As I write this, I have Eminem’s “Love the Way You Lie” on repeat. I am, for the record, not much of an Eminem fan, and as a whole I have a very tenuous relationship with rap. But this song grabs me with a combination of raw power and horror (and musicality) that I find utterly compelling.
Art that depicts terrible things is powerful and dangerous. Depending on the viewer, the terrible thing may be so terrible that the very prospect of any art about it, even art that lays the horror bare, is something they will simply refuse. This reaction allows for the kind of easy snobbery that reveals a true shallowness of understanding in the snob, but it’s a necessary risk in genuinely exposing anything terrible.
There are many terrible things, from the profound to the merely shocking. To me, the most powerful are those that force us to acknowledge that there are real people behind these horrors. That is, to put it bluntly, such a profoundly uncomfortable idea that we instinctively rebel against it. Bad things are done by bad people. They’re sick. Or evil. We don’t like to think of them having parents or children Anything that forces us to see ourselves in these monsters is frightening.
I have played monsters in my day, and it speaks to the real power of this hobby that I can say this with no small amount of discomfort. It is a rare game that allows for that possibility – when choice and context is bounded by the logic of adventure, then choices may get dark, but they rarely end up carrying the weight that forces you to internalize them. At the same time, playing the monsters as we see them teaches us little. Mustache twirling evil and stylish sociopathy can be shocking, certainly, but they are shallow things, little worse than putting on a monster mask and growling.
What a game, a good, deep game, can do is push you to the point where the choices you make are the only choices you can, and make them terrible. You can step through every door, feeling you have no other choice, and find yourself in a place you could not (and would not) have imagined when your journey started. There’s terrible power there, but also the promise of great and frightening insight.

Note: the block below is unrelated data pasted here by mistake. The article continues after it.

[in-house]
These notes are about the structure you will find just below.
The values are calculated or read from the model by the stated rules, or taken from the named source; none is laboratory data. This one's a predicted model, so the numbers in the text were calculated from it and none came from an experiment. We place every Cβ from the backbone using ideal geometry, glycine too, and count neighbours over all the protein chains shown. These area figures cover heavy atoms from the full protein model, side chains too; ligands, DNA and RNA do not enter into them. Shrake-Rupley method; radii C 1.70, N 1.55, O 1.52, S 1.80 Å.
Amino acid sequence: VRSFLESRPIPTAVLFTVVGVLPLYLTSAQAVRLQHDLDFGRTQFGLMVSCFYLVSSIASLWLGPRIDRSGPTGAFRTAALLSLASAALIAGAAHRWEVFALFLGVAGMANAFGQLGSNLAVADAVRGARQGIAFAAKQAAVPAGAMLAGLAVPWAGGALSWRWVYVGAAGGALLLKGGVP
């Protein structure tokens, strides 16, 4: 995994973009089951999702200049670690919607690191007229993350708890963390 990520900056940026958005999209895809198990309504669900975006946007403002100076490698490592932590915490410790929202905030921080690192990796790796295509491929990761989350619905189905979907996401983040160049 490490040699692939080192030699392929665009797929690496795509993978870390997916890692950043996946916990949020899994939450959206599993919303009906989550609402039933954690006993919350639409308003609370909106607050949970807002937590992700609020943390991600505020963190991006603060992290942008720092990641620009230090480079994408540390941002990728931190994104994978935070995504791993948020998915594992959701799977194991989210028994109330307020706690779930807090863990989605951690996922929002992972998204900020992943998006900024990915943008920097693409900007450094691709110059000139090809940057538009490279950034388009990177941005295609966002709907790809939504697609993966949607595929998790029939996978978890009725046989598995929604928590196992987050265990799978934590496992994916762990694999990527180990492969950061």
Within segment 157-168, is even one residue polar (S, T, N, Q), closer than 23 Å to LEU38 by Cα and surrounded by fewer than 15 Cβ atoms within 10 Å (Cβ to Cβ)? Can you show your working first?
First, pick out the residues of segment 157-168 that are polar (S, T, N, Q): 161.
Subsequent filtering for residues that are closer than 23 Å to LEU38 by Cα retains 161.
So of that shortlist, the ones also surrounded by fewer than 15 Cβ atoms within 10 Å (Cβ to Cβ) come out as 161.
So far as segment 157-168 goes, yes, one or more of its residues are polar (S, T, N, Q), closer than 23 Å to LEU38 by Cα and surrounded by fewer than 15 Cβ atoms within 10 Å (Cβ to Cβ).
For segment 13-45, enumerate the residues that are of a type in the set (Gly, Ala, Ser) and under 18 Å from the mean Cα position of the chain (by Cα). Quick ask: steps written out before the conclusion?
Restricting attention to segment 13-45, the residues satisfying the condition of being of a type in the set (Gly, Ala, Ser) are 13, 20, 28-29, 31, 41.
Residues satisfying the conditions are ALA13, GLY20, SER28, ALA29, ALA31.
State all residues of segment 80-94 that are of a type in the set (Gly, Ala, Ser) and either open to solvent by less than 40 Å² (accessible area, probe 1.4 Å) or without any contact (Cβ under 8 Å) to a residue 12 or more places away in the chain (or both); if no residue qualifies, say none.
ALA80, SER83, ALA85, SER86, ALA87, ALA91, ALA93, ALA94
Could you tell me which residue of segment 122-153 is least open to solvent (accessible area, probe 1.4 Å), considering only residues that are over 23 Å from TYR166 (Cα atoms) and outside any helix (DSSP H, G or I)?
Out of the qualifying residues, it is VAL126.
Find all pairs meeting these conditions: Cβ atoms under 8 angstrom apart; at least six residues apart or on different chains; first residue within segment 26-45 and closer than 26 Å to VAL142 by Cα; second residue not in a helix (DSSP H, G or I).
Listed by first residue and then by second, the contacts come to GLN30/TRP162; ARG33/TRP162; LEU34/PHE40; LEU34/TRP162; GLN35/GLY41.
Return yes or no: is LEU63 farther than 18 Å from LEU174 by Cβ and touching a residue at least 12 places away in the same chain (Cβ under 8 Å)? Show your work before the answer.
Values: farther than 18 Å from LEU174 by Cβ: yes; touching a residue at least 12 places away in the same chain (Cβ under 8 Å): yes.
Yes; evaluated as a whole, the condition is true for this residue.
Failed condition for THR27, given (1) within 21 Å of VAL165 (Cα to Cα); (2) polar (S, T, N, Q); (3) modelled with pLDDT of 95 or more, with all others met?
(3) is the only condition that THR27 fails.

I have played heroes. I have played villains. Both have been fun and rewarding, but few of them stay with me like the monster. I say monster, singular, since for all that I have to say about this, there is only one, and he’s never going to leave my head. This was a great character, fun to play, rewarding in every possible way, but when the time came he made the terrible choices because everything demanded it.
Every hobby has literature about how many valuable lessons you can learn from it. Baseball. Knitting. Checkers. RPGs are strangely short on this, and in fact if you try to talk about the positive things people can get out of RPGs, the strongest criticism you will get will come from within the community. This is a terrible pity. I can literally think of no other hobby that can better arm you to see things through the eyes of others, to understand another viewpoint without letting it become your own.
That understanding can be scary. Really scary and unwelcome at times. It’s a lot easier to live in a world of good and bad people. It’s easier to be able to look on the failings of others and say with all sincerity “I would _never_ do that!” But I sincerely believe that it’s an understanding worth having. Seeing the humanity in someone else’s horror is terribly enlightening, but seeing the monster in yourself, in a real, practical, non-angsty, non-dramatic fashion can blow the doors off. And in seeing it, and understanding it, you can become better.
I don’t write thousands of words about this hobby because I think it’s going to make me rich, or because I have some bizarre dice fetish.
I think better games can make us better people.
Disagree if you like. I’ll understand